Sikh Calendar and the Sikh Observances

The Sikh Calendar

Sikhs celebrate their New Year on the 14th of March. It may sound strange and interesting, but that is what the Sikh calendar dictates! As in most other religions, the Sikh Calendar is one of the central aspects of the Sikh Religion. Also known as the Nanakshahi calendar, it is a solar calendar that determines the dates for the most important Sikh events.

Interestingly, the Sikh calendar has only recently been adopted. For the longest time, the Sikhs have used the Hindu calendar which has been forced upon them. Since 1998, all Sikh holidays as well as Sikh festivals have been observed based on the newly-created Nanakshahi Calendar. The said calendar was designed by Pal Singh Purewal.

The epoch of the Sikh calendar is based on the birth year of first ever Sikh Guru, Nanak Dex (1469), such that 1998 is known as the Nanakshahi 530. In 1999, a slight modification of the Sikh calendar was made: since then, it has become based on the solar year and not the lunar cycle with its movable dates. When the solar calendar was adopted, dates when the festivals are celebrated are considered fixed. As was previously mentioned, the Sikh New Year begins in Chet 1. In the Common Era Calendar, Chet falls on the 14th of March; 1999 being the year 531 Nanakshahi (2000 is year 532, and so on). The months in the Sikh calendar are as follows:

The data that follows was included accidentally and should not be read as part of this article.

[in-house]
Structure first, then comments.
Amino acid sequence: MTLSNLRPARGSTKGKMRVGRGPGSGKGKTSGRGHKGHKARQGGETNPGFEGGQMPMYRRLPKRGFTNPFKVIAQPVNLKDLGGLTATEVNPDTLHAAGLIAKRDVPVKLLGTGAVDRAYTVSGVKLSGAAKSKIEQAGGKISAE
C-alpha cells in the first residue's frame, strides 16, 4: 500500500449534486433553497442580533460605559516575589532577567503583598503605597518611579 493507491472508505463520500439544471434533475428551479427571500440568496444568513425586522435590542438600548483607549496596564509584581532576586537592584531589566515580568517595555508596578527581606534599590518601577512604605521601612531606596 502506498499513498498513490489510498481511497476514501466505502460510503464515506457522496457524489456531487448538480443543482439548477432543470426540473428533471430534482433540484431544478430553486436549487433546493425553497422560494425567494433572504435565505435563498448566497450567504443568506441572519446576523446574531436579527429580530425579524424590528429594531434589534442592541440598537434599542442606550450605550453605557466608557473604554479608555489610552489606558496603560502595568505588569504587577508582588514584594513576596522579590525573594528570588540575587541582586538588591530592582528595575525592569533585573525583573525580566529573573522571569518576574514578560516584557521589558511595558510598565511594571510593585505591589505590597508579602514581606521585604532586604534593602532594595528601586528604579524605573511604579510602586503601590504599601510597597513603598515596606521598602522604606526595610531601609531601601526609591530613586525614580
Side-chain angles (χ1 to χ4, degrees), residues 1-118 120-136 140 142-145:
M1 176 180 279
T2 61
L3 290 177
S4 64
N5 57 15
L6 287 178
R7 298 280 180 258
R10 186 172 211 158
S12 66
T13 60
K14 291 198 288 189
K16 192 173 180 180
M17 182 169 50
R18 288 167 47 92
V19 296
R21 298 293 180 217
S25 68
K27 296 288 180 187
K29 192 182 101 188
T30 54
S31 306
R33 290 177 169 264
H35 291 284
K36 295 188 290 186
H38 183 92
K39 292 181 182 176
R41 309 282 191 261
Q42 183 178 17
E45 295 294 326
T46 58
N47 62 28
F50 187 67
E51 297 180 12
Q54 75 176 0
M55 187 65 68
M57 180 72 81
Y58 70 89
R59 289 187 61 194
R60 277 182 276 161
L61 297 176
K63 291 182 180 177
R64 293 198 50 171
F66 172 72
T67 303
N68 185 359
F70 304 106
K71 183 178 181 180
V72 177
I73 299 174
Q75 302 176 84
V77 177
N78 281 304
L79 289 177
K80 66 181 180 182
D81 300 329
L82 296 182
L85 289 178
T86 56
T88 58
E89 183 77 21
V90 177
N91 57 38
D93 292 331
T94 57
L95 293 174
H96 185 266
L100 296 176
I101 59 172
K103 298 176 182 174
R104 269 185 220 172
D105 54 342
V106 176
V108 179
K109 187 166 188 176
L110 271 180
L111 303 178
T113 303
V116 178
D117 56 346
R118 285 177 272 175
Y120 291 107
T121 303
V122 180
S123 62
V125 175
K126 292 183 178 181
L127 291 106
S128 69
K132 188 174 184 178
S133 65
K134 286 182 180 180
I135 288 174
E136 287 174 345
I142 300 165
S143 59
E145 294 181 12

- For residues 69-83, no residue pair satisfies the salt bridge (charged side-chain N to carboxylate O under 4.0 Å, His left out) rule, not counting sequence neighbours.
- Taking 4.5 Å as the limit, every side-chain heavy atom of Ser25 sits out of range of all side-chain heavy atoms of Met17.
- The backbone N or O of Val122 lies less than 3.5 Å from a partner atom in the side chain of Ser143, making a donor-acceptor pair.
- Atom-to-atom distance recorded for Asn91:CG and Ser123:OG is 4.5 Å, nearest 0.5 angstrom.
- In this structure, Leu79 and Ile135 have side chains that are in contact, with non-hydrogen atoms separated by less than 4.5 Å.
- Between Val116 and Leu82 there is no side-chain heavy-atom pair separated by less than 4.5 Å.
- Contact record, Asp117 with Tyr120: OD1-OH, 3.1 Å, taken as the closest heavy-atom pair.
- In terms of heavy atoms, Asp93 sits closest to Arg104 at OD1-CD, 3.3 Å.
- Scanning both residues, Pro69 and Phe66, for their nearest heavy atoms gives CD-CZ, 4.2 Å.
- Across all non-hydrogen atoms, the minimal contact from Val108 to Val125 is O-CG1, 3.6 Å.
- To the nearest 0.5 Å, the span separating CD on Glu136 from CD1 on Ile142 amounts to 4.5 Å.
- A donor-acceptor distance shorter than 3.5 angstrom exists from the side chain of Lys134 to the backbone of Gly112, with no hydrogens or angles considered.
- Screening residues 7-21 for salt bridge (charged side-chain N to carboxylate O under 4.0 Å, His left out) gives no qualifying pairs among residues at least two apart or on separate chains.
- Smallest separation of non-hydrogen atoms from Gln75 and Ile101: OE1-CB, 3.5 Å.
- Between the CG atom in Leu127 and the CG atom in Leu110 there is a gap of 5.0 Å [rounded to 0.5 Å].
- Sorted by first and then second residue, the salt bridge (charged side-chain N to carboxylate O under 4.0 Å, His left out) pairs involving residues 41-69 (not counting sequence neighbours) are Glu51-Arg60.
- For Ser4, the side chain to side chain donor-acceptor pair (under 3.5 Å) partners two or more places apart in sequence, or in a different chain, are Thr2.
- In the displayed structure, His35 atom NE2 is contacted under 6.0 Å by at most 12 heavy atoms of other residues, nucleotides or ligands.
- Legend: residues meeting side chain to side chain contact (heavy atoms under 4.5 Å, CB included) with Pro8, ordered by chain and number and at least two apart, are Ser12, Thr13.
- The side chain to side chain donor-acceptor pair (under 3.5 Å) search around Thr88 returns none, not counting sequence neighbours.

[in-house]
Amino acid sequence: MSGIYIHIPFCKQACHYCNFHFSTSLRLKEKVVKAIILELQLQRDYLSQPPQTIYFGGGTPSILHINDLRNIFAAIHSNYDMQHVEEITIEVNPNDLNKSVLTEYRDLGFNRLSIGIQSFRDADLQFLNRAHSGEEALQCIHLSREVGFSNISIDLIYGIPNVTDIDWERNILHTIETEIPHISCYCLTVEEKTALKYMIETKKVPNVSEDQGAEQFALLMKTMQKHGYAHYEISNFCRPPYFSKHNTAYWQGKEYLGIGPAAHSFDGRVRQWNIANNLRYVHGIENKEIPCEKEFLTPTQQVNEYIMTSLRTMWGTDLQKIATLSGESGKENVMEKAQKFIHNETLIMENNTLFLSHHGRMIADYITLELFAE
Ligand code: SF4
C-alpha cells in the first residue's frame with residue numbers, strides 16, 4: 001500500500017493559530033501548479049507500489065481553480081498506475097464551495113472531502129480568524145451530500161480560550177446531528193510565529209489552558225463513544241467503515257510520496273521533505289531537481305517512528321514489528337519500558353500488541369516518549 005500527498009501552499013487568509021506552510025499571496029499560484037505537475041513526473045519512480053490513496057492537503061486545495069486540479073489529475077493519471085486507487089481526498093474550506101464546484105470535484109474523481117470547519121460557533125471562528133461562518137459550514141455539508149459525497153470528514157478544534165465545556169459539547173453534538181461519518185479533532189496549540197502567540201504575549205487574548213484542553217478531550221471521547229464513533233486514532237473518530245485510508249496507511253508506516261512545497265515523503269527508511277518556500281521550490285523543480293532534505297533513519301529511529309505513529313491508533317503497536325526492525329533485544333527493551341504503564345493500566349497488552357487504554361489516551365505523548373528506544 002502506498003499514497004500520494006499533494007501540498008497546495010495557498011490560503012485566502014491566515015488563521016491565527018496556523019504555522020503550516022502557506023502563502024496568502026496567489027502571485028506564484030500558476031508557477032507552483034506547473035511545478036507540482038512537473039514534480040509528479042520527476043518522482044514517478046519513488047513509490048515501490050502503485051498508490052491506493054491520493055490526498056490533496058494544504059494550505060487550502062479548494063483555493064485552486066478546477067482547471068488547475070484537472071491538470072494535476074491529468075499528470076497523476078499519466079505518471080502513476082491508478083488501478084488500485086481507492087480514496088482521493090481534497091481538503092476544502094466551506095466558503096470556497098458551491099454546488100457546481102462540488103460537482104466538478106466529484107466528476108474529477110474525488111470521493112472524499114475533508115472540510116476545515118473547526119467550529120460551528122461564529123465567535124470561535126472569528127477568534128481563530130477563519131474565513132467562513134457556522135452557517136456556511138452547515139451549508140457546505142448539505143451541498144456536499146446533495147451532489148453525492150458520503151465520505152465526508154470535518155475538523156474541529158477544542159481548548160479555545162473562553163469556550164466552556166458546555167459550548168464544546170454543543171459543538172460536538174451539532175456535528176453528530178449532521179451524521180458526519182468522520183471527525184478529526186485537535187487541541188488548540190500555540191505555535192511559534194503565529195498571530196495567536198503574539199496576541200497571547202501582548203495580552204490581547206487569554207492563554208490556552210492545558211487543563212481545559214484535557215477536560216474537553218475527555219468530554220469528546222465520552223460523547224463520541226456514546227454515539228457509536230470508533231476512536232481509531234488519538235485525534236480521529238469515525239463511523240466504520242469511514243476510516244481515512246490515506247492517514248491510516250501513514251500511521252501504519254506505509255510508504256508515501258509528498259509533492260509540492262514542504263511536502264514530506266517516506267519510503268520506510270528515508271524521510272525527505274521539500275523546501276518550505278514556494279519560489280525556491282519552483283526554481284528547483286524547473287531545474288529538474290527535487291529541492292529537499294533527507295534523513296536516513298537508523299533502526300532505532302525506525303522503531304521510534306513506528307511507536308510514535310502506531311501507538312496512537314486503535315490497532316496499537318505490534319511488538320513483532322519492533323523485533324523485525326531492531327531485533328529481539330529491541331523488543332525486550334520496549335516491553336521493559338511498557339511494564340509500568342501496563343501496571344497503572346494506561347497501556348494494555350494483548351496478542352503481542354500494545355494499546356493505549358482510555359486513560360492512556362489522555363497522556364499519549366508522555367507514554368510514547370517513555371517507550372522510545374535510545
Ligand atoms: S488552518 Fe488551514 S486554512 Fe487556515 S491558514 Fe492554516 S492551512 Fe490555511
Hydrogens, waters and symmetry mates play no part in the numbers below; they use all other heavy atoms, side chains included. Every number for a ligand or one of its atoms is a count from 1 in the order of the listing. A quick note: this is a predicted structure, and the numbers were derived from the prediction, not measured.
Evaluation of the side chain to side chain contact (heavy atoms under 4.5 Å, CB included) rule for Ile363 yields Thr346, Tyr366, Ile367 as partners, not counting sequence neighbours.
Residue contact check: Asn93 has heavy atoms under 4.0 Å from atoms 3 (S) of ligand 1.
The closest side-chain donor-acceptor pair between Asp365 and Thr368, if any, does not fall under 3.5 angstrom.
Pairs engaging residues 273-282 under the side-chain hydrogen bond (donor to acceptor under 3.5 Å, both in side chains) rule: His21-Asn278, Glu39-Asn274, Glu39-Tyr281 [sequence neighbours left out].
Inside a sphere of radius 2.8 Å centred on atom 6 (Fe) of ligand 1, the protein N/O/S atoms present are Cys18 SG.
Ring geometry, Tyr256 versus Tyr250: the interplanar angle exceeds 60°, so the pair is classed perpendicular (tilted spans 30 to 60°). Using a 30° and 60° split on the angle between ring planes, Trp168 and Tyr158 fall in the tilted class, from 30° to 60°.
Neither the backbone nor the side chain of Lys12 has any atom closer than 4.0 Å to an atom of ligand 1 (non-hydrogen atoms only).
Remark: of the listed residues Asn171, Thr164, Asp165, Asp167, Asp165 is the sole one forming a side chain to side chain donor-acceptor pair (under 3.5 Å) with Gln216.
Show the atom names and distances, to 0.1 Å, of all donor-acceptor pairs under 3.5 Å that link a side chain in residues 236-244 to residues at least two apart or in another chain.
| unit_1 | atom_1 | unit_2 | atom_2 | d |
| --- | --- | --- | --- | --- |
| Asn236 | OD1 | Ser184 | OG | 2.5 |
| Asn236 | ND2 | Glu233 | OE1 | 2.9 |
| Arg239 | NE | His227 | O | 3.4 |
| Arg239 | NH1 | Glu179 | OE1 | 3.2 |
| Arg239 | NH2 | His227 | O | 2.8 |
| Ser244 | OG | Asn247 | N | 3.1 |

• Chet14th of March
  • Vaisakh14th of April
  • Jeth15th of May
  • Harh15th of June
  • Sawan16th of July
  • Bhadon16th of August
  • Asu15th of September
  • Katik15th of October
  • Maghar14th of November
  • Poh14th of December
  • Magh13th of January
  • Phagan12th of February